August 20, 2012 - San Francisco, CA - PipeLineNews.org - Since the election of Barack Obama, there have been an untold number of books written regarding him, his presidency, Mr. Obama's background, his erstwhile Marxist, black-separatist spiritual advisor, the estimable Rev. Jeremiah Wright. These and other issues has been dealt with until the inevitable sensory overload kicked in.
Taken as a whole, the author's of these tomes represent the diversity of the American polity, with very few [Edward Klein's, "The Amateur," for example] having attempted to play it down the center, presenting a case as ideologically neutral as one can reasonably expect from a political reporter dealing with controversial subject matter.
Among these few "objective" works, Mr. Kurtz' book sets a standard of scholarship and fairness which remains unchallenged. If you wish to deconstruct the president, this is your wrecking ball.
Though published originally at the end of 2010, now, with the November 6 presidential election only a few months away it seems an appropriate time to examine this book in light of the current political climate and with another two years of Mr. Obama's policies in place.
Warning, Kurtz' book is not an easy read.
From the opening page onward the author's academic almost clinical approach is evident. In our view this only adds to its power. Kurtz's sense of fairness and avoidance of immoderate language itself is commendable. The author is neither a conservative attack dog nor is he a SorosBot regurgitating Media Matters' childish talking points.
Of course anyone familiar with Stanley Kurtz' impressive body of work, knows this soft spoken but forceful delivery is his style.
Given the subject matter and the charges being weighed, this approach is entirely appropriate. We are talking about extremely important questions surrounding the sitting president of the United States here. In this context the office itself is a hallowed institution and deserving of respect, though admittedly many of its occupants have come short of honorable service.
Importantly, "Radical," serves a dual purpose.
Though its primary task is divining this president's genuine - rather than feigned, imagined or projected - ideology, in a far more expansive way, the book serves as a history of the "New Left," from its 60s roots to the present, the product being entirely fascinating, even for students steeped in these matters.
If, previous to reading this work, you were unfamiliar with the origins of modern neo-Marxism, you will be filled to overflowing by the time you are done.
Given the complexity of Mr. Kurtz' case it might be best to concentrate on the historical flow of the new radical's now 60 year record, with Mr. Obama's participation [which was considerable] inserted as need be by way of illustration and then summed up in the concluding section.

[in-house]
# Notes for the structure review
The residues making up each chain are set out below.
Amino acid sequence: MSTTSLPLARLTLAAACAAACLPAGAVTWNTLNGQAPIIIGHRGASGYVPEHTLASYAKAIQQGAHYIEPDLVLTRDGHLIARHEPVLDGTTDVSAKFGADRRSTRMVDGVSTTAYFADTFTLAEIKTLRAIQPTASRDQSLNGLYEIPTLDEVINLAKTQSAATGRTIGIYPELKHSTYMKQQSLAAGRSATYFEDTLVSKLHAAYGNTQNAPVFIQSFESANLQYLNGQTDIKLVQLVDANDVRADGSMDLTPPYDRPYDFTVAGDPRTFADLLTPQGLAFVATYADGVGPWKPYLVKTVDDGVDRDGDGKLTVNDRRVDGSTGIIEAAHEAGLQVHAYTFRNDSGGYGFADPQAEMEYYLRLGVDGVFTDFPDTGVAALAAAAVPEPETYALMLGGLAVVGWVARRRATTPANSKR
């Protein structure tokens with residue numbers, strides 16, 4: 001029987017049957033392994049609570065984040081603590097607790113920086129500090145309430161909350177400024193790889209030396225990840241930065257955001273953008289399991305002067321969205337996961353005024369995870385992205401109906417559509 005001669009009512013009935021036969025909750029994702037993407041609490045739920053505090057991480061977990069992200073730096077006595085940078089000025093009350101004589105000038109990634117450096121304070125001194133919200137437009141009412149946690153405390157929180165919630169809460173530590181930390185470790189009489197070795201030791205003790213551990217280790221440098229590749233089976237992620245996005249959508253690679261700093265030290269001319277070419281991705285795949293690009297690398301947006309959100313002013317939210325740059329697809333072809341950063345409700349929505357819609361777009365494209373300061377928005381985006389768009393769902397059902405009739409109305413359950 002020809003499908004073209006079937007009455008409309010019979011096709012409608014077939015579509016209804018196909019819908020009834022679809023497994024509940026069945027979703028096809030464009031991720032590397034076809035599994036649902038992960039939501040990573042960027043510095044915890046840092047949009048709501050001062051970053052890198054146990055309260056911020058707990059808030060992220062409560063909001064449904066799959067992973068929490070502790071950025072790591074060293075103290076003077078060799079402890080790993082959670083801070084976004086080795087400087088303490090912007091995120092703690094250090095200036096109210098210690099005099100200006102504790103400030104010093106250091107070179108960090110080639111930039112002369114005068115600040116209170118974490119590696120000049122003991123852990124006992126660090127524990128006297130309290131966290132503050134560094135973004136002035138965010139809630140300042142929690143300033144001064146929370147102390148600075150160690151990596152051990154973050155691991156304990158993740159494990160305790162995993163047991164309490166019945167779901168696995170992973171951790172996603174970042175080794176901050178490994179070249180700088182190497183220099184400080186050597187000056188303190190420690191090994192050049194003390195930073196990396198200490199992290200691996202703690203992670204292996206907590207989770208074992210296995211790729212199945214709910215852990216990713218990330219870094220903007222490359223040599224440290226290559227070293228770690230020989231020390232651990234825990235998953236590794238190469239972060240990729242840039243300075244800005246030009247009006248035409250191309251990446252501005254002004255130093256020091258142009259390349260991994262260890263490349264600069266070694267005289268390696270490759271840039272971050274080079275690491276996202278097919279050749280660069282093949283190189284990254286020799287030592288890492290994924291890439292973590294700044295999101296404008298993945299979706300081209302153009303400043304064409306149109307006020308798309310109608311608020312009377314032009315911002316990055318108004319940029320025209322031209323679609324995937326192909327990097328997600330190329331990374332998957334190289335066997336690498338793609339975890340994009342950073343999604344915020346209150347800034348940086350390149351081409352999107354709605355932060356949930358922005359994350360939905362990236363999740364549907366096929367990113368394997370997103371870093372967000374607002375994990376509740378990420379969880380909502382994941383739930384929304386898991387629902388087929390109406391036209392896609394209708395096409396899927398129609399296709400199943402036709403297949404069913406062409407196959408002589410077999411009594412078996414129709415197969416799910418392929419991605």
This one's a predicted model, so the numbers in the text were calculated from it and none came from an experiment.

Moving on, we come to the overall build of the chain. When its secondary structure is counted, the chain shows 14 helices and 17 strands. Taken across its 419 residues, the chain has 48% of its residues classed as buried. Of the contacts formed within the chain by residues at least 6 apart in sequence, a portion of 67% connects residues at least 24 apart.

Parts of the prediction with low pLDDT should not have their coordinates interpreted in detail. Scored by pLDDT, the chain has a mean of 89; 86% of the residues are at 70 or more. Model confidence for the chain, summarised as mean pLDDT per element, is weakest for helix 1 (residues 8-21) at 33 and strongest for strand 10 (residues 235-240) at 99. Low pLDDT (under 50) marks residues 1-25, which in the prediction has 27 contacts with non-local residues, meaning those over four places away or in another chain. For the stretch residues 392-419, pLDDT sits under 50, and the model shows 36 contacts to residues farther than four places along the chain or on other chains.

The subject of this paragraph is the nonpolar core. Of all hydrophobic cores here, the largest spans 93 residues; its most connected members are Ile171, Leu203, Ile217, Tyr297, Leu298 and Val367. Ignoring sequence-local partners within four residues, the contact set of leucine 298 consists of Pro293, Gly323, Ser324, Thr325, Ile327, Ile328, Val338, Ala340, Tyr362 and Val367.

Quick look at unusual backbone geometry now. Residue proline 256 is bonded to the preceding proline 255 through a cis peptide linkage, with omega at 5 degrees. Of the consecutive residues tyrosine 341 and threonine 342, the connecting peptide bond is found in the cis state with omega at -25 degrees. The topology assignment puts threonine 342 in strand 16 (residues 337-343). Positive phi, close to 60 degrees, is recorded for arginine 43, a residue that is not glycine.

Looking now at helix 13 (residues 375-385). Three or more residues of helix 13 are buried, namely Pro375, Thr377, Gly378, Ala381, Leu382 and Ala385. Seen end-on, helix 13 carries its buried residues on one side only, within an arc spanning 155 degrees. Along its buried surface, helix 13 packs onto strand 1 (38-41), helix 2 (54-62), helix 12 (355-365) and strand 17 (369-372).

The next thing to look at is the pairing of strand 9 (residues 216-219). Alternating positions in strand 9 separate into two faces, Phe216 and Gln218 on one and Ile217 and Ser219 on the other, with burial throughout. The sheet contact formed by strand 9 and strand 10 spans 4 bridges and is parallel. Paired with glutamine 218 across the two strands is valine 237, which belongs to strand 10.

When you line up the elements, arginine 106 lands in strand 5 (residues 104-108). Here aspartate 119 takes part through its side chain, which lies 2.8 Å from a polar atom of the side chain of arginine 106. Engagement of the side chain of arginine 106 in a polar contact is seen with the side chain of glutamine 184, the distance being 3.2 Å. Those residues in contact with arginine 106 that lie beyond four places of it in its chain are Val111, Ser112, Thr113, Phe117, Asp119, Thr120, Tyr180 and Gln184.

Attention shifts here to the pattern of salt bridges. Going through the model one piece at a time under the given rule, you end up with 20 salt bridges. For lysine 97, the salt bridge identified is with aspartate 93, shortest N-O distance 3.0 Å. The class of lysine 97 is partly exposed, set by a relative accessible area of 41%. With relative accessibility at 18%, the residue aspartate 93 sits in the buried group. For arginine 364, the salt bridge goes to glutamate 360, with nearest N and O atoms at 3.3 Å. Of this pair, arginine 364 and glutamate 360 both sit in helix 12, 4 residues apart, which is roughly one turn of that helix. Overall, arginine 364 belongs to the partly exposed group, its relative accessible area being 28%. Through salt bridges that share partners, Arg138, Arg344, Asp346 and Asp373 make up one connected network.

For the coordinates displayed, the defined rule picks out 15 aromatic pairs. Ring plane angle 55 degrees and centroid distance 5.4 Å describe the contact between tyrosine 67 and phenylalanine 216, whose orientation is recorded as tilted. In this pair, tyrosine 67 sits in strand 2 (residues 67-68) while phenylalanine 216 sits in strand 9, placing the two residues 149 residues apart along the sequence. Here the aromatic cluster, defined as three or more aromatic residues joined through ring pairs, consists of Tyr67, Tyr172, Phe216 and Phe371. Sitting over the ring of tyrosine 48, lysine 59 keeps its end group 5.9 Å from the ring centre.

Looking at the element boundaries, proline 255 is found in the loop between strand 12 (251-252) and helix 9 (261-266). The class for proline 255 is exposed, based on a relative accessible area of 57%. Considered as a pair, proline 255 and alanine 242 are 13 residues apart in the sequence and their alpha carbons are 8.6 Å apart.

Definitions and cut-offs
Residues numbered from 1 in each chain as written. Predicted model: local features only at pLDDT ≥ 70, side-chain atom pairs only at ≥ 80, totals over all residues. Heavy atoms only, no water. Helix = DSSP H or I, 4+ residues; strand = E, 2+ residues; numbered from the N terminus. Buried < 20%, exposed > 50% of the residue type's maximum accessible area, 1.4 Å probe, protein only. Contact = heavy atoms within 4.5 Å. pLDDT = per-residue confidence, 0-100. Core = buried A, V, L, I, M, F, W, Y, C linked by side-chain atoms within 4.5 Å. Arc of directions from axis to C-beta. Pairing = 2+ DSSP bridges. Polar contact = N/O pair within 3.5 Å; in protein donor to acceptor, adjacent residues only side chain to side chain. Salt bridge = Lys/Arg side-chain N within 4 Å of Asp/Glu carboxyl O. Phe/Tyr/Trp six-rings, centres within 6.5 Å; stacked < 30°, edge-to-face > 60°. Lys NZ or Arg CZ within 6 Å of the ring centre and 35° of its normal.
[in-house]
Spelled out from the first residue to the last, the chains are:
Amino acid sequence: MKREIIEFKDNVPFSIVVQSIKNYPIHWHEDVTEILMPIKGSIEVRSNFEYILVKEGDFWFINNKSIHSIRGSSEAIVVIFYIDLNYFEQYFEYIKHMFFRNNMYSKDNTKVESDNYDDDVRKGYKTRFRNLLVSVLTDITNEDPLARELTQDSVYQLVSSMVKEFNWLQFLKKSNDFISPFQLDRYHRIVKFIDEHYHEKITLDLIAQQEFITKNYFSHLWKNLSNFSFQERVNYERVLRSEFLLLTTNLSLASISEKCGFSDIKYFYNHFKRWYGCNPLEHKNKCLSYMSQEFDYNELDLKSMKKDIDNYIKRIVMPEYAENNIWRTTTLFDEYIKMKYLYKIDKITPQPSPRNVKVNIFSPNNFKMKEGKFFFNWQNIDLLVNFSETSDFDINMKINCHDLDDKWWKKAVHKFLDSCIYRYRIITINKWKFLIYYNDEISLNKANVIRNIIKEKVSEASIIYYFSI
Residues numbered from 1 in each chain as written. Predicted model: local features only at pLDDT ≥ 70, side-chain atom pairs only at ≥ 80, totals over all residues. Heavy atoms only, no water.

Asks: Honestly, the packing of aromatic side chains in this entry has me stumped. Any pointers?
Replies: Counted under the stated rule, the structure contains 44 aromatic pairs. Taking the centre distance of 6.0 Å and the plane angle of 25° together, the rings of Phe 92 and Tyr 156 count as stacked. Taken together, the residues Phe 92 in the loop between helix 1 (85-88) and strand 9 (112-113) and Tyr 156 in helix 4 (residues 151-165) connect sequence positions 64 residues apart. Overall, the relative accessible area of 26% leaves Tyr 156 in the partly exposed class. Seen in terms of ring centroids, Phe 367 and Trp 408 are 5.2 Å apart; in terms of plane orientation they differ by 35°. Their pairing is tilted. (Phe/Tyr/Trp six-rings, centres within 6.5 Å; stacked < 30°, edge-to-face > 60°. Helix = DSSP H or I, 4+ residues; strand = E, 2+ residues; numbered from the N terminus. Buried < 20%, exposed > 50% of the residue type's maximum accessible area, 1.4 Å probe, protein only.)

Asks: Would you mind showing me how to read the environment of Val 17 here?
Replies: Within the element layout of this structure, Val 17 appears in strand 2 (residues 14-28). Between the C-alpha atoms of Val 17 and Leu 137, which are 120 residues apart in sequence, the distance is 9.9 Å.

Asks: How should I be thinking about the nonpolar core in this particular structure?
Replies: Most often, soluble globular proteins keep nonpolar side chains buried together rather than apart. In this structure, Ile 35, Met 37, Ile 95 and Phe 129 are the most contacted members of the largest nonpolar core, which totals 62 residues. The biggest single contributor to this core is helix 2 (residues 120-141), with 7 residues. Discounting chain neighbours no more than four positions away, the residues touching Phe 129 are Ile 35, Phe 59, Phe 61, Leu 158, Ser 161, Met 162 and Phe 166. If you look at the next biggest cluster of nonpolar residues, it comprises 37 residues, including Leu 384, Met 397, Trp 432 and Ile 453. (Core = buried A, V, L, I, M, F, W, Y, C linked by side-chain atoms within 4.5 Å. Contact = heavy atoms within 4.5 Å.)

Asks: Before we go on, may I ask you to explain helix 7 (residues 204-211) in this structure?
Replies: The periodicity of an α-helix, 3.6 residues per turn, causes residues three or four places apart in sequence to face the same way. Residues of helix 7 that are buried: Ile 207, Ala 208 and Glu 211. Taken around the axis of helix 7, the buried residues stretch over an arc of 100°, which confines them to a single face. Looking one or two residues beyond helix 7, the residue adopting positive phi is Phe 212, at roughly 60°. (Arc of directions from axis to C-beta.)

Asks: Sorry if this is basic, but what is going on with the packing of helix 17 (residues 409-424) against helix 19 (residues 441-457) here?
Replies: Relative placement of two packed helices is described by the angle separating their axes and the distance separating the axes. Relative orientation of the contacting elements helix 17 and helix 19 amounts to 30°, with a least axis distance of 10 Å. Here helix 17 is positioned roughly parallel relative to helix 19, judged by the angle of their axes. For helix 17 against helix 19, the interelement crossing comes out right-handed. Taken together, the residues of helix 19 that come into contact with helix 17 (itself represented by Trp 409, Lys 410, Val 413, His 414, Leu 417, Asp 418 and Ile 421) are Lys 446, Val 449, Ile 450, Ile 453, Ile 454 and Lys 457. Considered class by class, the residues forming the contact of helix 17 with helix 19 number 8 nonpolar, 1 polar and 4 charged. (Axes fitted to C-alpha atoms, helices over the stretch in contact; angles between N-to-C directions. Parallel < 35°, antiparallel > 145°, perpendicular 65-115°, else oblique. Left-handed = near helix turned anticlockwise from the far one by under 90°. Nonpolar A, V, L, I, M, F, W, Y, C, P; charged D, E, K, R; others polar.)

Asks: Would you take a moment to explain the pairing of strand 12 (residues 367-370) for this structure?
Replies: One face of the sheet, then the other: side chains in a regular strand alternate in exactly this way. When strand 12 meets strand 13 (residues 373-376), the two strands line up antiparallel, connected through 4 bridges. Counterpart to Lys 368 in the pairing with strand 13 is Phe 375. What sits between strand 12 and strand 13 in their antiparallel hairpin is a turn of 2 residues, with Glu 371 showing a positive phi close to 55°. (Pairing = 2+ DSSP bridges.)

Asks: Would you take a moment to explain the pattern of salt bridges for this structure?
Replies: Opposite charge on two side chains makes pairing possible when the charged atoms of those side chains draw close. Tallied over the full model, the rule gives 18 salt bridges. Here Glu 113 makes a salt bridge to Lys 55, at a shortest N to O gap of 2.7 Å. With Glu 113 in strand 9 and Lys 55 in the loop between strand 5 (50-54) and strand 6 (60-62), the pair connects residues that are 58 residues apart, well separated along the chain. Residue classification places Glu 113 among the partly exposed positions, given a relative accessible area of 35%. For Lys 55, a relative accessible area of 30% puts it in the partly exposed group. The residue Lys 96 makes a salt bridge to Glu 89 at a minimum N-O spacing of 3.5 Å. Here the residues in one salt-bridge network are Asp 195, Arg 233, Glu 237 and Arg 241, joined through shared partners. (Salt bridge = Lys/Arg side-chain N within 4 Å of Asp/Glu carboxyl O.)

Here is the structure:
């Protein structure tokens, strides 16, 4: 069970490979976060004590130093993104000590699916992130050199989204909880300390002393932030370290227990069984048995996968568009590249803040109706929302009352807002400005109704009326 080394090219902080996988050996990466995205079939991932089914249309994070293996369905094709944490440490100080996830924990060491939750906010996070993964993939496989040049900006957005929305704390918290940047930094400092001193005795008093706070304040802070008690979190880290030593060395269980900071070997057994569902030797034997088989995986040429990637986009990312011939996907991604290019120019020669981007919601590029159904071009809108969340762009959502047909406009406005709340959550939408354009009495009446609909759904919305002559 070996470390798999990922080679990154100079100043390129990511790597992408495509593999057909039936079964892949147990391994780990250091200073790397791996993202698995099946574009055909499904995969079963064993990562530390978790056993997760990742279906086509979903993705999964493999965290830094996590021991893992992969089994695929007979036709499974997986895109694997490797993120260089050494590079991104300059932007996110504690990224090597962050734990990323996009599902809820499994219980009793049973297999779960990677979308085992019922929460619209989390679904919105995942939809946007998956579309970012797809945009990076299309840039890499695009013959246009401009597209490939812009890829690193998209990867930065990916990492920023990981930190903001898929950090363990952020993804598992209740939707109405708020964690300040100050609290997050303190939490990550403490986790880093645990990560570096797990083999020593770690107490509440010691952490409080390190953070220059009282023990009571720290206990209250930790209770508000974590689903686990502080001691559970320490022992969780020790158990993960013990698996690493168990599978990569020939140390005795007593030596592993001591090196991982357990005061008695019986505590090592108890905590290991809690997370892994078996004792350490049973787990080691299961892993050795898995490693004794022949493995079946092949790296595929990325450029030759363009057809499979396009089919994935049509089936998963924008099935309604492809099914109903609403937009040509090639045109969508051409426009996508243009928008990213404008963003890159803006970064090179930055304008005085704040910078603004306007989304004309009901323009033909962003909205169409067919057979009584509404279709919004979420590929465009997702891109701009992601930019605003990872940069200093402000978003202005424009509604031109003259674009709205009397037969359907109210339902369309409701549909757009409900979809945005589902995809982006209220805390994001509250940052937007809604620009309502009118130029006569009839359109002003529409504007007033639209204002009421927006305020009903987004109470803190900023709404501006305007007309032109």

As a starting point, we must begin with the SDS, the Students for a Democratic Society, which made its media splash, issuing a manifesto of sorts, a foundational critique of American society, called the Port Huron Statement. It is believed that the document was primarily authored by Tom Hayden, whose radical credentials are without doubt.
Formed in 1962 and comprised almost entirely of young college intellectual types, the group was always a confederation of sorts, an uneasy union between every iteration of leftism imaginable - doctrinaire Marxists-Leninists, Trotskyites, Maoists, Fabian socialists, anarchists, etc. All of these parties were entwined in an internal, never ending, self-critical dialectical debate so arcane that it was entirely incomprehensible to outsiders.
If you are not of an age or were disinclined at the time to personally witness any of the almost metaphysical sparring which took place during a typical [usually hours long] session, then this retelling will help enlighten this stretch of time when the impossible really did seem entirely reasonable to more than a few.
There can be no denial that the new left's cultural impact was immense. Its byproduct - the anti-war movement - rocked the establishment in an unprecedented manner, motivating tens of millions of primarily idealistic young people to take to the streets and "man the barricades."
Yet despite this degree of influence, the coalition itself was inherently a fragile thing.
Unsurprisingly, by the end of the 1960s the central organization, the SDS, was in tatters, facing a nasty internal war among irreconcilable combatants. Since the group was so diverse within its limited universe, there were rancorous confrontations between the more traditionalist European type welfare state socialists and murderous Gestapo extremists, the Bill Ayers and Bernardine Dohrn.